Detainees released in Fallujah and Karmah - AL ASAD AIR BASE, Iraq – Marines from Multi National Force - West facilitated the release of 39 detainees from U.S. custody July 20, in Fallujah and Karmah. MNF-W followed a detailed release process to ensure the security of the people of Anbar and the safety of the detainees were not in jeopardy following the release. Prior to release near their place of residence, detainees participated in a public release ceremony where an oath of good citizenship and renouncement of violence was administered. Individuals were then welcomed by their family and friends. (READ MORE)

Iraqi Children Get a Kick out of Donations - JOINT BASE BALAD — Airmen and Soldiers here recently received donations for Iraqi children who live near this base from a stateside fraternity. The Pennsylvania State University chapter of the social fraternity Phi Kappa Tau supports programs to increase the quality of life for terminally ill children. Through their program Kicks 4 Kids, along with some inquiring by Capt. Craig Bryan, Expeditionary Aeromedicine Squadron psychologist and PKT alumnus, they were able to collect approximately 300 soccer balls to be distributed to Iraqi children via the support of JBB servicemembers. (READ MORE)

Basrah SWAT Captures Key Insurgents - BAGHDAD — Iraqi Police from the Basrah Special Weapons and Tactics team, along with Coalition advisors, arrested two suspected terrorists during an Iraqi-led operation in southern Iraq, July 18. The SWAT team was operating under the authority of a warrant during the intelligence-driven mission. Court documents indicate that the Police force arrested the suspected insurgents in accordance with the Republic of Iraq’s terrorism law. (READ MORE)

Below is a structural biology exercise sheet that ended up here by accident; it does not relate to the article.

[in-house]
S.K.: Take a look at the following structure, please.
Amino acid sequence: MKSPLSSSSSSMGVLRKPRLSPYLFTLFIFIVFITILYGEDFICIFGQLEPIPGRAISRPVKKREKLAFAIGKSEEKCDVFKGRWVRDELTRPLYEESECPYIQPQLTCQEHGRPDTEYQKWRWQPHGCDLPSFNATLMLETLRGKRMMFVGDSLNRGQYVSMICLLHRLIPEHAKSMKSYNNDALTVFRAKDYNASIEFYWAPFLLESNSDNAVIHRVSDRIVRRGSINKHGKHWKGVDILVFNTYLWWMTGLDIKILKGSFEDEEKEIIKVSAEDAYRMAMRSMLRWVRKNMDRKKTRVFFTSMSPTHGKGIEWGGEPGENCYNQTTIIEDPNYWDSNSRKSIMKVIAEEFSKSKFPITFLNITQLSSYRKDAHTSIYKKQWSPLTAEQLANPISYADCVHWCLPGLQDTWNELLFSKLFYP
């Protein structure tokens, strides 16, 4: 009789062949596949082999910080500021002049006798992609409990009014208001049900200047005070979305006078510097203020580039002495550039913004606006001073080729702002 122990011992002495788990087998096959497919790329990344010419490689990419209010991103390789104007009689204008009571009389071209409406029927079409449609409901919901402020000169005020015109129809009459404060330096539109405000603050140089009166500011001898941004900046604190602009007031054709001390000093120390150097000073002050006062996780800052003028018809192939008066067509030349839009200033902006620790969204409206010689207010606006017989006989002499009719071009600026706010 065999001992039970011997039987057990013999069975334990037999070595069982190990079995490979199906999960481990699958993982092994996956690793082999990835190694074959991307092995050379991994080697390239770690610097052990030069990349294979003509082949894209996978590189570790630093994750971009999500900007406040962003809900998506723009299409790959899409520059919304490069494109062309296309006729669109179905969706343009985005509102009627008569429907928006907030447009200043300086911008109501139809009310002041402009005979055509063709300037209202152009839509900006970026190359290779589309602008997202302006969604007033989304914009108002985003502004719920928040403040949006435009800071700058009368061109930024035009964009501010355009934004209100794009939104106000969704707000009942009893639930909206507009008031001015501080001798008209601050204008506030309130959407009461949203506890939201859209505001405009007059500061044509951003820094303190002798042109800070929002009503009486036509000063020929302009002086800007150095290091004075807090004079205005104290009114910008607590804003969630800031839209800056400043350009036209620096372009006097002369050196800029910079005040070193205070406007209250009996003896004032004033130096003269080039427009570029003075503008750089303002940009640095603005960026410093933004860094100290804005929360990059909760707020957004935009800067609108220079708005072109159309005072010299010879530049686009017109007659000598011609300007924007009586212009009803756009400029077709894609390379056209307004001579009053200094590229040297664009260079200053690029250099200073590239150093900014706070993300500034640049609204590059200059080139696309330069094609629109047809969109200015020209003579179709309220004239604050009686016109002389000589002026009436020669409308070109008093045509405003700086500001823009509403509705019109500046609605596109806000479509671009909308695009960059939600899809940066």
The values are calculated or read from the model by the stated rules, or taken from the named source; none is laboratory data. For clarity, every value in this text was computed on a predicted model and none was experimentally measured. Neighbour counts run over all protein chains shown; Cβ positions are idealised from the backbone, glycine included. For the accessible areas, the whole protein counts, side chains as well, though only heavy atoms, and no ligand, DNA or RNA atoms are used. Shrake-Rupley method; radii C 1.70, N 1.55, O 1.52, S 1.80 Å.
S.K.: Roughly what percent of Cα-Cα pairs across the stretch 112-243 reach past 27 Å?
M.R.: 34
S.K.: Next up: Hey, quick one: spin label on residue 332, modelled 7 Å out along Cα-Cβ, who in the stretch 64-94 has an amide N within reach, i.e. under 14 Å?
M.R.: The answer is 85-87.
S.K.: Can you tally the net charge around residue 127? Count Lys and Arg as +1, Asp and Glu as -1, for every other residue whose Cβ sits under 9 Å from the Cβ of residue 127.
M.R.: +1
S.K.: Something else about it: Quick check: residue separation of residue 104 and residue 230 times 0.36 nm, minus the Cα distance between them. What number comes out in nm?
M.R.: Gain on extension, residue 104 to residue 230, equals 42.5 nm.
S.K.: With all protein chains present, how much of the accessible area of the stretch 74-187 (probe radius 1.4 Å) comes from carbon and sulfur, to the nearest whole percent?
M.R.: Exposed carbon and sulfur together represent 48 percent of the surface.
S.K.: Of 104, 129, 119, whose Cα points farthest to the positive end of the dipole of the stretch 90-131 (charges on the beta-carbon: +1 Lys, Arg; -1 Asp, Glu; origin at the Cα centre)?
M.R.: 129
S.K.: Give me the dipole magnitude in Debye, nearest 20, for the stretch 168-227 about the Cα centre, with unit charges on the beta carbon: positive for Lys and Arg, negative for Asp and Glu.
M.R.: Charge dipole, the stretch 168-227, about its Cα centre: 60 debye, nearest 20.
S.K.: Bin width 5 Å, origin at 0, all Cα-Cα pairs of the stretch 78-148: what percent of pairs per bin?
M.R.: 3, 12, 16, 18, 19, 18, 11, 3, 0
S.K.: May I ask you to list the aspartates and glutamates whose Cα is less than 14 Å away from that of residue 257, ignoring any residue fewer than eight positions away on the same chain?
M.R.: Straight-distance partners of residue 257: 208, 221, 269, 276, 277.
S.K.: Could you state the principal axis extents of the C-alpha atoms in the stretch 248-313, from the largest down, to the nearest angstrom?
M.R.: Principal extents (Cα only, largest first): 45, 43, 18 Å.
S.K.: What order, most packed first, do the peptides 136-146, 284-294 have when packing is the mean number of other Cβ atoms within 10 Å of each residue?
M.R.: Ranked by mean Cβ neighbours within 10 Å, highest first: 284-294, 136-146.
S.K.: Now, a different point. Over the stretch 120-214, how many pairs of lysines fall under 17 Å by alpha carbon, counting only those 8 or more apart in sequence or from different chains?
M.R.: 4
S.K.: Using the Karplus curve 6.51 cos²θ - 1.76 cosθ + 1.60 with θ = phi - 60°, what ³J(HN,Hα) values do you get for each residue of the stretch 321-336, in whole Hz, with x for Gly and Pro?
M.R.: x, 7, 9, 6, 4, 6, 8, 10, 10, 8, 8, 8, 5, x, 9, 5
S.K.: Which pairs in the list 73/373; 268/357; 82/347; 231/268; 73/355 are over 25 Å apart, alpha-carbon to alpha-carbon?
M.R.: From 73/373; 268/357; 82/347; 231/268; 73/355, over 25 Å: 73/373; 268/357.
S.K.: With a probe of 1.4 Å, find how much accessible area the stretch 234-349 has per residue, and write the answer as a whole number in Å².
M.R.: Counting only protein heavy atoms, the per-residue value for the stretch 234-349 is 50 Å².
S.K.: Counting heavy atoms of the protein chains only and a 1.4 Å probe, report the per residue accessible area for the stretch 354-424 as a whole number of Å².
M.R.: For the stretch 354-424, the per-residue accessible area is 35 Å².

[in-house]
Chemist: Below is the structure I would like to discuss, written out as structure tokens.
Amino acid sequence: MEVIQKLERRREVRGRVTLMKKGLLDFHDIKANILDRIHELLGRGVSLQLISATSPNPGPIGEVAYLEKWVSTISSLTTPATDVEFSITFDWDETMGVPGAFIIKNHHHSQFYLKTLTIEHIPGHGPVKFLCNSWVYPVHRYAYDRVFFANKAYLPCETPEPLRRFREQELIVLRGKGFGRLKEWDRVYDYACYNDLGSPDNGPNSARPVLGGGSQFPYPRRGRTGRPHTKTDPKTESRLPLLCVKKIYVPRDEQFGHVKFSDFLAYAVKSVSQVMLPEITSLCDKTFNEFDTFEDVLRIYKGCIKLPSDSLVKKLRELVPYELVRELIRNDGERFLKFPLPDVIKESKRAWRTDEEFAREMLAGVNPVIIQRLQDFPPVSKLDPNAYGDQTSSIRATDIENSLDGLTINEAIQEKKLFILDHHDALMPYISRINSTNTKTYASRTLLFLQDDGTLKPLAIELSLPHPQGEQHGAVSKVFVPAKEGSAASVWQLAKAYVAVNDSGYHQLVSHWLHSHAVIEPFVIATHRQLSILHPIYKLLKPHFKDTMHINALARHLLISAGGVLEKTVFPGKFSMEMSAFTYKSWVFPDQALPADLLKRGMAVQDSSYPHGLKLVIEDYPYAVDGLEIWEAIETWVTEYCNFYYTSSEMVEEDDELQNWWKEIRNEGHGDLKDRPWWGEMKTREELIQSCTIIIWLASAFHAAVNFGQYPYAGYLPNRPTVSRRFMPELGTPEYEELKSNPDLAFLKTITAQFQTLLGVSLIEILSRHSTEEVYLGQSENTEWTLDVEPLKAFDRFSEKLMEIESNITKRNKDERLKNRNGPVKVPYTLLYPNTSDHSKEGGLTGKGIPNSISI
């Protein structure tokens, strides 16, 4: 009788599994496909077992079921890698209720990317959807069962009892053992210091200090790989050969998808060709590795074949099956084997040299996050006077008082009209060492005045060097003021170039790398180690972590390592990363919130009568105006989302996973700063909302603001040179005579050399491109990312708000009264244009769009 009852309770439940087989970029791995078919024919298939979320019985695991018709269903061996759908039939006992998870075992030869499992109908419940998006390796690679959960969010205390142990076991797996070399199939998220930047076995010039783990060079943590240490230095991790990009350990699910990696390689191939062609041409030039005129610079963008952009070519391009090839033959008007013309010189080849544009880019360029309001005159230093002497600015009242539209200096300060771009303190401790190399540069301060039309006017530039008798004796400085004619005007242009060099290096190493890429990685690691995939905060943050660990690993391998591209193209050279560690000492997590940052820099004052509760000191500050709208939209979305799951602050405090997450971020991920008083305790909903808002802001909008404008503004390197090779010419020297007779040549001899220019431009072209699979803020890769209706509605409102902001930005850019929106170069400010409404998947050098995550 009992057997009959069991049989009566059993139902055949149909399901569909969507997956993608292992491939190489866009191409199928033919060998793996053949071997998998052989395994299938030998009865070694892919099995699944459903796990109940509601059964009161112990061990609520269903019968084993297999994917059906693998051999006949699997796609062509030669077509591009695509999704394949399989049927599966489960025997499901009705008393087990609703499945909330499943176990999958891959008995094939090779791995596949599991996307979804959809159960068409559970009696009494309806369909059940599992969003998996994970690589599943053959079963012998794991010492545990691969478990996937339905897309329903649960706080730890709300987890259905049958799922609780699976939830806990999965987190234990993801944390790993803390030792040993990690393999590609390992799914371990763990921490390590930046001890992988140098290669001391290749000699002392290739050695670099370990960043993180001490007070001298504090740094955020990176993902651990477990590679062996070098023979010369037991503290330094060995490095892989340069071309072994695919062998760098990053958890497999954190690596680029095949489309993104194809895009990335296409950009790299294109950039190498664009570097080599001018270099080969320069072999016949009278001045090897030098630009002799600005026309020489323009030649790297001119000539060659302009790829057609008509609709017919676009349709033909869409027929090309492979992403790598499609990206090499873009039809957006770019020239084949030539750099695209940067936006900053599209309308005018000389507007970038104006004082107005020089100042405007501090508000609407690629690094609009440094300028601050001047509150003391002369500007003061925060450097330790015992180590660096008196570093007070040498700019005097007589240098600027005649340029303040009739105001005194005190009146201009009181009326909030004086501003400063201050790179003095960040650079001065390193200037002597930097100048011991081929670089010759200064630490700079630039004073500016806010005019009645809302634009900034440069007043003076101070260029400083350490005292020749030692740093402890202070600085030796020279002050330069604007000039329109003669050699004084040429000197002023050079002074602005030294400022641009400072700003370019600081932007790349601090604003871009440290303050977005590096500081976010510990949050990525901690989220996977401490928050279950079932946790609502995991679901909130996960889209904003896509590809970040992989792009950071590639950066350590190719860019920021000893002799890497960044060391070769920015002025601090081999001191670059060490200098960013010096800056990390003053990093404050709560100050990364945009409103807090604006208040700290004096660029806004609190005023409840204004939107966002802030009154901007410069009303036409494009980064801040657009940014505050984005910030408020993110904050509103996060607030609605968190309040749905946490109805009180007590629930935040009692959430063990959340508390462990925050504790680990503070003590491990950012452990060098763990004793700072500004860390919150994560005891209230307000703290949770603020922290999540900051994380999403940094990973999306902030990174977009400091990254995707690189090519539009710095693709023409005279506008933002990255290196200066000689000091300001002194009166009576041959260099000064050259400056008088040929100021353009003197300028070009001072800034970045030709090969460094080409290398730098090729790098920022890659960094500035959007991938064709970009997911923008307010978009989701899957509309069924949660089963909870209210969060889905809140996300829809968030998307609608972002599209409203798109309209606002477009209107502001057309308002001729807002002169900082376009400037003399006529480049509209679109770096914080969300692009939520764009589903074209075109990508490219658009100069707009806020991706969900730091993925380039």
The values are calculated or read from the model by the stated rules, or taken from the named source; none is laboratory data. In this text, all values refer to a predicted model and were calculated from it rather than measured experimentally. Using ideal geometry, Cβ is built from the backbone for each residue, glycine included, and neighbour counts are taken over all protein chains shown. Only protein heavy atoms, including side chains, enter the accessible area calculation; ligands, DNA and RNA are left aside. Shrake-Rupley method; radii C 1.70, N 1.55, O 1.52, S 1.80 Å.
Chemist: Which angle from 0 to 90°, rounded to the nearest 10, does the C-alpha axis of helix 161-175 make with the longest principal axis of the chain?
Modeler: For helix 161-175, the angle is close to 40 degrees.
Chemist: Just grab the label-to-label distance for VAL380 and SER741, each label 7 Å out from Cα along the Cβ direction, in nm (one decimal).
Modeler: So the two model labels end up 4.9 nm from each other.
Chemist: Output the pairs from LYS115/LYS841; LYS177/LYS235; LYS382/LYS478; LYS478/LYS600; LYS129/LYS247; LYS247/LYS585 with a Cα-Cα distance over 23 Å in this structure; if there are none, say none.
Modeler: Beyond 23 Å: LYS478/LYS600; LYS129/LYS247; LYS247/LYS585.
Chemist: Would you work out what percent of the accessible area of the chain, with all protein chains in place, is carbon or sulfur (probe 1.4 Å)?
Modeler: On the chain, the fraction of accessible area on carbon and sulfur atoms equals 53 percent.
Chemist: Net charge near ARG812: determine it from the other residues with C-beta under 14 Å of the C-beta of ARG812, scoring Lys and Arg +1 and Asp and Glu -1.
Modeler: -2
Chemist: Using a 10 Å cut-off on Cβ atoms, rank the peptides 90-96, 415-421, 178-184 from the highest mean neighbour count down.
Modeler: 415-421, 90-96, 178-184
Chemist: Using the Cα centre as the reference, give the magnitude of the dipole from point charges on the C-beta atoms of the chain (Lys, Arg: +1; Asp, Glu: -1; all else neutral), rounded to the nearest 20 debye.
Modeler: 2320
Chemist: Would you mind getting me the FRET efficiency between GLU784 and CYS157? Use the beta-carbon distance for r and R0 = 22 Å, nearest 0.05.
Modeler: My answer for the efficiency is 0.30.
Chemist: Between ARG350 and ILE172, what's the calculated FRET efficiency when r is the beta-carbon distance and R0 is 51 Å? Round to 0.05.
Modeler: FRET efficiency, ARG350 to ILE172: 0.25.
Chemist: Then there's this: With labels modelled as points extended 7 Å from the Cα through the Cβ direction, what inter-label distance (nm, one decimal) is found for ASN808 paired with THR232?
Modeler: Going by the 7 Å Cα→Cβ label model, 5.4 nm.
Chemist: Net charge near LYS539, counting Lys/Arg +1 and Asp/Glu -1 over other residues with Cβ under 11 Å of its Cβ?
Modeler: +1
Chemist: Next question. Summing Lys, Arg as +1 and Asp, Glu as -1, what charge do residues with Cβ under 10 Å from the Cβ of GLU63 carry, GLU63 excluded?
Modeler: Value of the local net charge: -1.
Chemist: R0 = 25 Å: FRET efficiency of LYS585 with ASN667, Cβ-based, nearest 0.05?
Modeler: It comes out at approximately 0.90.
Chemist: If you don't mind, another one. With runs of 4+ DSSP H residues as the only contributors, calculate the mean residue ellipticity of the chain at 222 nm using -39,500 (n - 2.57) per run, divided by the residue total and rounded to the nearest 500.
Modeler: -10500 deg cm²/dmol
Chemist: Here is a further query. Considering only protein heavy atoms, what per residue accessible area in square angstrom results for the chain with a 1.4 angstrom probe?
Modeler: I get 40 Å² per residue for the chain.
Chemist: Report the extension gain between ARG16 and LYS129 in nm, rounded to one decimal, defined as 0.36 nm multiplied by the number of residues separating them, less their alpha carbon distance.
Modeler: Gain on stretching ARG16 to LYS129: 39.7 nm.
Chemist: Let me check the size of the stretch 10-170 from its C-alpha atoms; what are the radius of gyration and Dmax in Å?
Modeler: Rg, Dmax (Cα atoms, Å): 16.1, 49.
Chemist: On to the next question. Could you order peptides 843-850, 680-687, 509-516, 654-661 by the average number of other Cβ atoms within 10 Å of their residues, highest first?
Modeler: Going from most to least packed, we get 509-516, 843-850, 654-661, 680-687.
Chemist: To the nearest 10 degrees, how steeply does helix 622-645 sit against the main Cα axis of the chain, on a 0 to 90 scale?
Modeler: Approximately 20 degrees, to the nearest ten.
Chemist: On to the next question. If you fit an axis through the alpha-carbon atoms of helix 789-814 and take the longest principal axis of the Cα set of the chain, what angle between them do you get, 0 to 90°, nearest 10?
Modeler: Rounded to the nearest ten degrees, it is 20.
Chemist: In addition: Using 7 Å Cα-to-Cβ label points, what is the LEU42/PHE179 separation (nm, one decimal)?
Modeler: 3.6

Governors Visit, Thank Deployed Troops - TAJI — Far away in the hot, arid climate of Iraq, it might be easy for Soldiers to become distant from the places they like to call home, as life goes on without them. However, for some members of the 1st Air Cavalry Brigade on Camp Taji, a base camp north of Baghdad, their States came to them, bringing with them a reminder of the homes they left behind to serve their country. (READ MORE)

Leaders Discuss Provincial Construction - AL ASAD AIR BASE — The governor of Anbar province, Qasim al-Fahadawi, and the chairman of the Anbar Provincial Council, Dr. Jassim al-Halbusi, traveled here to meet with leaders of Multi National Force – West, July 16. In a conference room where photographs of the peaceful 2009 Anbar provincial elections hang, MNF-W leaders spoke of a topic that has long been one of the main focuses of the Marines’ mission in Iraq: reconstruction and development. (READ MORE)